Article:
|Forum topic by ruthie||posted 03-08-2010 09:49 AM||8739 views||0 times favorited||6 replies|
03-08-2010 09:49 AM
In the construction of a pedestal base for a large dining/poker table for my young-adult daughter, I used four “pine rounds” (1.25” thick edge-glued pine panel cut into 15” diameter circles), mainly for the decorative effect. The 4 circles were stacked and used as a middle section of the pedestal…
I joined the stack together by inserting 4 wooden dowel rods, evenly spaced, through all 4 pieces, ending in the bottom “round.” I also used glue on the surfaces of the four rounds. Both the top and bottom rounds were screwed to their adjacent sections of the pedestal. Well, after several years of use, the table suffered a little unforeseen assault! During her absence, my daughter’s dining room ceiling fell onto one edge of the table top!! (Broken water pipe and flooding in the room above.) The table’s pedestal snapped in two. Yikes! The dowels pulled out of the bottom pine round, as shown here…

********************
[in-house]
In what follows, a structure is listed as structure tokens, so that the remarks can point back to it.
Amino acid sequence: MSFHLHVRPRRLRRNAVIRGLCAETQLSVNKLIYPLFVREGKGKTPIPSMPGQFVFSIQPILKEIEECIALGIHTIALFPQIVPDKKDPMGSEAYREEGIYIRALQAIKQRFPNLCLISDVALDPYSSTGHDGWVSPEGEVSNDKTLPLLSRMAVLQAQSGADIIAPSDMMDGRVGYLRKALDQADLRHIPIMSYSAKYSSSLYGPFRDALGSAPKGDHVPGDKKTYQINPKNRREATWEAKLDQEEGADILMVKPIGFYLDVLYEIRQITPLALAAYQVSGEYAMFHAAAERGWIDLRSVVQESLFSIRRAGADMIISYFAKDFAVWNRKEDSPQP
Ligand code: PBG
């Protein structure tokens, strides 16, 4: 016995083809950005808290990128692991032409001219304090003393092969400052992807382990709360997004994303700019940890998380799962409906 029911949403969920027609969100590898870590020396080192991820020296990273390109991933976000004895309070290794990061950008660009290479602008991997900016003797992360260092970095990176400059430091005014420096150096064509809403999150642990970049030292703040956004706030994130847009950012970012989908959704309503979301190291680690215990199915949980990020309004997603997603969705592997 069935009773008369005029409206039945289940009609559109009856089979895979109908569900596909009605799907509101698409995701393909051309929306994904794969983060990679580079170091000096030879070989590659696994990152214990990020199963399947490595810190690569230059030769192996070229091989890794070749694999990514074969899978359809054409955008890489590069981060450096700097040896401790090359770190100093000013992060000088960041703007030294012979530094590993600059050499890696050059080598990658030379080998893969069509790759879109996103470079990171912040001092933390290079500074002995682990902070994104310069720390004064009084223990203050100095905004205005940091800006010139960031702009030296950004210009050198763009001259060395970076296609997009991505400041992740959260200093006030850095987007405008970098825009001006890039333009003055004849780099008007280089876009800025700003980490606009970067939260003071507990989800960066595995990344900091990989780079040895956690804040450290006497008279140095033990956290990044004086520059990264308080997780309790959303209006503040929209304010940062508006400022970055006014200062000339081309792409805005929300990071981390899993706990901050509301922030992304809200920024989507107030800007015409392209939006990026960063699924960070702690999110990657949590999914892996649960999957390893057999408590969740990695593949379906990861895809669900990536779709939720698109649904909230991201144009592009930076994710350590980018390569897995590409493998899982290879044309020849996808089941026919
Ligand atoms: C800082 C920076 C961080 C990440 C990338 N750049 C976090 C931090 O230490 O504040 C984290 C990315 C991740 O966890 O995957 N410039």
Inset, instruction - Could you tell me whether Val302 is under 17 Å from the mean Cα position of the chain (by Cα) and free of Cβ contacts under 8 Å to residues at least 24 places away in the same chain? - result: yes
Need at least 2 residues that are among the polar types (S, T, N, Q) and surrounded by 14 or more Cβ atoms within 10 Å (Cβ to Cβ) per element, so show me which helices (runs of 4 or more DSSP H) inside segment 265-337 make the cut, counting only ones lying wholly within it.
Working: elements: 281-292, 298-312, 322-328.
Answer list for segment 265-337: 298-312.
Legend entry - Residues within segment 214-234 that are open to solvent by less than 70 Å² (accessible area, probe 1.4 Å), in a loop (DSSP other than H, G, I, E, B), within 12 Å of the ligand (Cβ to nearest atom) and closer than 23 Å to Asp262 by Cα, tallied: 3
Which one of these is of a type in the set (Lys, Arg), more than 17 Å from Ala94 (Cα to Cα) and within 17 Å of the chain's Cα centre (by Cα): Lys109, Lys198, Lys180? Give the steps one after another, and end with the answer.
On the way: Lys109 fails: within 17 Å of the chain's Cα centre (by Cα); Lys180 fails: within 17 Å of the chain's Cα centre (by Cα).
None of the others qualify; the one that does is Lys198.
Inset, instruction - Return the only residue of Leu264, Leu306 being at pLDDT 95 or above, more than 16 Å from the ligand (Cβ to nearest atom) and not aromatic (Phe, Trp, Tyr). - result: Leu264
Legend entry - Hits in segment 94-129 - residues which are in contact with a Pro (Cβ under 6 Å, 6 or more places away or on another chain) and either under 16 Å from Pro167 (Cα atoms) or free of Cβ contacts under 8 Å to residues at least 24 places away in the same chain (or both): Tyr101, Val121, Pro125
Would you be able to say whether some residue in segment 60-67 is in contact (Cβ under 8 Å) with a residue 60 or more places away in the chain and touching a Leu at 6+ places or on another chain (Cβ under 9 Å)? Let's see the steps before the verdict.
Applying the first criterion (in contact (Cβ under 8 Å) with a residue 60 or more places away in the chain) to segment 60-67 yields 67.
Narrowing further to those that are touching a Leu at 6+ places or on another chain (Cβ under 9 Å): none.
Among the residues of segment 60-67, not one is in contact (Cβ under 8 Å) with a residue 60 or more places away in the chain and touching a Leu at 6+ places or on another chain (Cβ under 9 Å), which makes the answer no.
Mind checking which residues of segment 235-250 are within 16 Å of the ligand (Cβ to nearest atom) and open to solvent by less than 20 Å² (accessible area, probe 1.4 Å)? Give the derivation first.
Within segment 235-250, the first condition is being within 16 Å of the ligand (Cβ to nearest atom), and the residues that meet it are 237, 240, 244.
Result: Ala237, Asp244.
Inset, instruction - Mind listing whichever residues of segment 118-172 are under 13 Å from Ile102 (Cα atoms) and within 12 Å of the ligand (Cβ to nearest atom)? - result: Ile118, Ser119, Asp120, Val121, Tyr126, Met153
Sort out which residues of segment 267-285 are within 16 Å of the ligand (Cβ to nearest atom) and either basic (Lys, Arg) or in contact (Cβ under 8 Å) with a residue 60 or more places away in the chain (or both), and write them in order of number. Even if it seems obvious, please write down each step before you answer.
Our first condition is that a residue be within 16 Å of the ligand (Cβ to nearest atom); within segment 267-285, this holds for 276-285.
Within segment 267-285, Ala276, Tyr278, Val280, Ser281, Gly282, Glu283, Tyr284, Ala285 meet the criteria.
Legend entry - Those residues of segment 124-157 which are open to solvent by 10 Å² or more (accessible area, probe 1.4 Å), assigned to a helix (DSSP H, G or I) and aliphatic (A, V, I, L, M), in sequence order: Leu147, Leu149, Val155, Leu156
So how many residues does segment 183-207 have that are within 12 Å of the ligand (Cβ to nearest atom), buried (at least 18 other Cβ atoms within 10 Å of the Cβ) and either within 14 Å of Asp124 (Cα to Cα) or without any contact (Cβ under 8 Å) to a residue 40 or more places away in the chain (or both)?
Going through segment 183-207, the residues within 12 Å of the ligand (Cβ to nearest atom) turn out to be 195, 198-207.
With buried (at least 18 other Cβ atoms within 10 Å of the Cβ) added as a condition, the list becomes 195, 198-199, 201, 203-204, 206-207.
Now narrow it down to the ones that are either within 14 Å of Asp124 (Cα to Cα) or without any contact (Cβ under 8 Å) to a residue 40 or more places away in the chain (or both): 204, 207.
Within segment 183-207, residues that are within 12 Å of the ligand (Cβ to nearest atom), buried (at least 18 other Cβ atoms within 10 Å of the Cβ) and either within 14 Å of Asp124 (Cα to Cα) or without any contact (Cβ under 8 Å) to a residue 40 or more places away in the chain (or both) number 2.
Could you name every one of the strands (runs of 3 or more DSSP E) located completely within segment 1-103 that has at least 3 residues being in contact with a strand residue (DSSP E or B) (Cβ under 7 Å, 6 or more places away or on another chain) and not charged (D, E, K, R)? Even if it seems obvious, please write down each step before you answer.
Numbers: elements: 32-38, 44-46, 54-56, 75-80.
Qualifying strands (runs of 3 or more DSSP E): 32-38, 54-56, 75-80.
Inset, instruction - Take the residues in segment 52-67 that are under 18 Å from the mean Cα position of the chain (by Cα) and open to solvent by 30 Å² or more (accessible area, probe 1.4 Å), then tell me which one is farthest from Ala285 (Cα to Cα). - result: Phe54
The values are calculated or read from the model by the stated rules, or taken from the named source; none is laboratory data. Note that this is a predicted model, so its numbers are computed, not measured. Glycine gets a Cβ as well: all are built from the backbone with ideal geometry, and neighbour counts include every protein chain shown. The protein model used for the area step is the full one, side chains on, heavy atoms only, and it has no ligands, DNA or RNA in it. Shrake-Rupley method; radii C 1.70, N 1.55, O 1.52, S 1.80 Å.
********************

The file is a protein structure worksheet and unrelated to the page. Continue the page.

In putting it back together, I would like to drill channels a few inches from each wooden dowel, and drop in some steel rods (“dowels”) for added strength. I would extend these all the way through the four pine rounds, and into the end grain of hidden 2×4’s (behind each fluted panel where the feet are located). Here’s my question: Would this “brilliant idea” be in reality asking for more trouble? Would this invite potential cracking because of wood movement and steel rod “unforgivingness”!? Should I forget the steel rods, simply re-glue everything, and just keep it away from falling ceilings? Any ideas are appreciated. Thanks!